Introduction In the early years of the 20th century, there was a growing movement in English literature known as “The Arts for Arts Sake.” The movement was motivated by the belief that art should be used to improve society and promote social justice. This is a truly ambitious goal, and it took many years for The Arts for Arts Sake Movement to gain traction. Today, it remains an important part of the literary conversation, and there are many excellent books, articles, and videos dedicated to it. The History of the Art for Arts Sake Movement in English Literature. The Art for Arts Sake Movement was founded in the early 1990s to encourage English writers to focus on the arts as a way to express their ideas and improve their writing. The movement is considered an important part of English literature, and has helped many authors achieve success both in English language publications and abroad. What is the Art for Arts Sake Movement The Art for Arts Sake Movement is a global movement made

The Glove and the Lion Poem by Leigh Hunt Summary, Notes & Explanation in English

The poem The Glove and the Lion has four stanzas. Six-line stanzas rhyme aa bb cc. 13 feet (?) per line. The poem's setting is far from Hunt's time. The poem's kings, noblemen, and ladies give it a pre-Renaissance feel. Hunt's poem describes an unusual experience. A royal court watches two beast kings battle. Courtiers watch the king's spectacle from comfortable seats. Many of Hunts' poems have a metaphorical secondary meaning, such as a battle between two powerful people. In the midst of the spectacle, the poet shows us Count de Lorge's love affair with a woman. The poet lists values held by his poem's people: pride, gallantry, valour, and love. The second stanza features vivid images. "Rampled and roared" is alliterative and paradoxical ("horrid laughing jaws"). The short verbs show how quickly the beasts moved: "They bit, glared, and gave beam blows." The repeated /w/ sound in "wind went with their paws" emphasi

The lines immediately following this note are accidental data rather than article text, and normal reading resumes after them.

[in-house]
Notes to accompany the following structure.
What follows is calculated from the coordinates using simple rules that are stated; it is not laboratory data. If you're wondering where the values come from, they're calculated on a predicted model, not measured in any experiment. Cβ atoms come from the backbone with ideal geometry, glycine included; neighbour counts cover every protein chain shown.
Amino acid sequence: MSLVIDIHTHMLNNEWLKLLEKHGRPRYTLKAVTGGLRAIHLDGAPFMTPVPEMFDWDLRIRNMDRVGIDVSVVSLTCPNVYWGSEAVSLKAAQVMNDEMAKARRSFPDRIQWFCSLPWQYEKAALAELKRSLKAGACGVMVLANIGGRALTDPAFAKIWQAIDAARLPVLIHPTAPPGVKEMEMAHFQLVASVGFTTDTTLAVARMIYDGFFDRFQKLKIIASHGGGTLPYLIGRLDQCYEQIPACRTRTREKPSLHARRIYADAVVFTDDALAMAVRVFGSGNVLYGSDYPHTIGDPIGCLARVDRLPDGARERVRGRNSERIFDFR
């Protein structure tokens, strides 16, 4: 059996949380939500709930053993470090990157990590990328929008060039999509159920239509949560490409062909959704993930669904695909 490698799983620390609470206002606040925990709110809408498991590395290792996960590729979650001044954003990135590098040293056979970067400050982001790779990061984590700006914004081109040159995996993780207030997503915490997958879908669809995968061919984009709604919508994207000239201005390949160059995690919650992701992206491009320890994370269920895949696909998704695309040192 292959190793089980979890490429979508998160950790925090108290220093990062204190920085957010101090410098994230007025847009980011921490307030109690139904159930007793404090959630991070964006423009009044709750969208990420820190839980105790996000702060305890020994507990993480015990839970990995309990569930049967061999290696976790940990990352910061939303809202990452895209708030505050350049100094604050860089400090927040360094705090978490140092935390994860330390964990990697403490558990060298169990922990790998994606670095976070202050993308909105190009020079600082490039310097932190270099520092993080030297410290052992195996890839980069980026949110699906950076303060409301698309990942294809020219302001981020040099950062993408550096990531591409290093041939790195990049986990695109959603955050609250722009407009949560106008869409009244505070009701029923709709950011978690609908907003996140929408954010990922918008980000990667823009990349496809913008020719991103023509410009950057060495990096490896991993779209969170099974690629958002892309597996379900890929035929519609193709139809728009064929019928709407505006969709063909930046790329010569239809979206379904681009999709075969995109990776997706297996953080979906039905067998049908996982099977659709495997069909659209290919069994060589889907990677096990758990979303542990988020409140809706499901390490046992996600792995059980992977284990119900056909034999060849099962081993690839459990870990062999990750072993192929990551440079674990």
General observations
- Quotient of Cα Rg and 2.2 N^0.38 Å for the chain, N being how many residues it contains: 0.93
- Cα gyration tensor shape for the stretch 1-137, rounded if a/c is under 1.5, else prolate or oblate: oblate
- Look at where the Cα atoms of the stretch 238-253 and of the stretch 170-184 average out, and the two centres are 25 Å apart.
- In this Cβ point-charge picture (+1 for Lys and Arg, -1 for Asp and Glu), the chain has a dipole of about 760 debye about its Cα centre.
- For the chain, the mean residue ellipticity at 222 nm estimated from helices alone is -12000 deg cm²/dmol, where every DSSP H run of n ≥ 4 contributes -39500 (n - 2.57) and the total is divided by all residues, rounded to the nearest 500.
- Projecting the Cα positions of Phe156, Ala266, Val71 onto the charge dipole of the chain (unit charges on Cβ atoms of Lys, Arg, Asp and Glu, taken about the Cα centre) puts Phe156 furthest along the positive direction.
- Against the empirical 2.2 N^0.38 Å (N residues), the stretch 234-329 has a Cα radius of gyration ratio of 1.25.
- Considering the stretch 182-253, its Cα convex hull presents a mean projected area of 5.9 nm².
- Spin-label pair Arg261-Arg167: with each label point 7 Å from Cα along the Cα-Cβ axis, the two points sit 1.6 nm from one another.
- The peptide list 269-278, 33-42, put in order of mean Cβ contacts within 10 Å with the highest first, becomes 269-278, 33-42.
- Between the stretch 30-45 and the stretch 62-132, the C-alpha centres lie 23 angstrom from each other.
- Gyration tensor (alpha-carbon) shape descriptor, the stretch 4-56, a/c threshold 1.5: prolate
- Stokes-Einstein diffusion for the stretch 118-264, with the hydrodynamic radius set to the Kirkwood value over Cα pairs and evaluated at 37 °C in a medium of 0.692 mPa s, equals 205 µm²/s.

The Eyes Are Not Here By Ruskin Bond Short Summary

 A short story written by Ruskin Bond titled "The Eyes are Not Here." This piece of writing is both lovely and delightful. The author told the tale in the first-person point of view. The narrator was a young man who was unable to see. He was going to Dehra at the time. A young girl travelled alone on board the train. The author paid close attention to the safety instructions that had been given to her by her parents. The narrator became familiar with the young lady and eventually asked her where she was going.  She informed him that she would disembark at Shahrampur, which was only a little more than two hours away. The author went to great lengths to conceal the fact that he was blind, taking all necessary precautions. He praised the young lady by remarking that she had a unique appearance to her face.  She was ecstatic to hear such a compliment because everyone else had told her that she had a pretty face. The author found himself drawn to her by her lilting tone and the he

Not Just Oranges by Isai Tobolsky Short Summary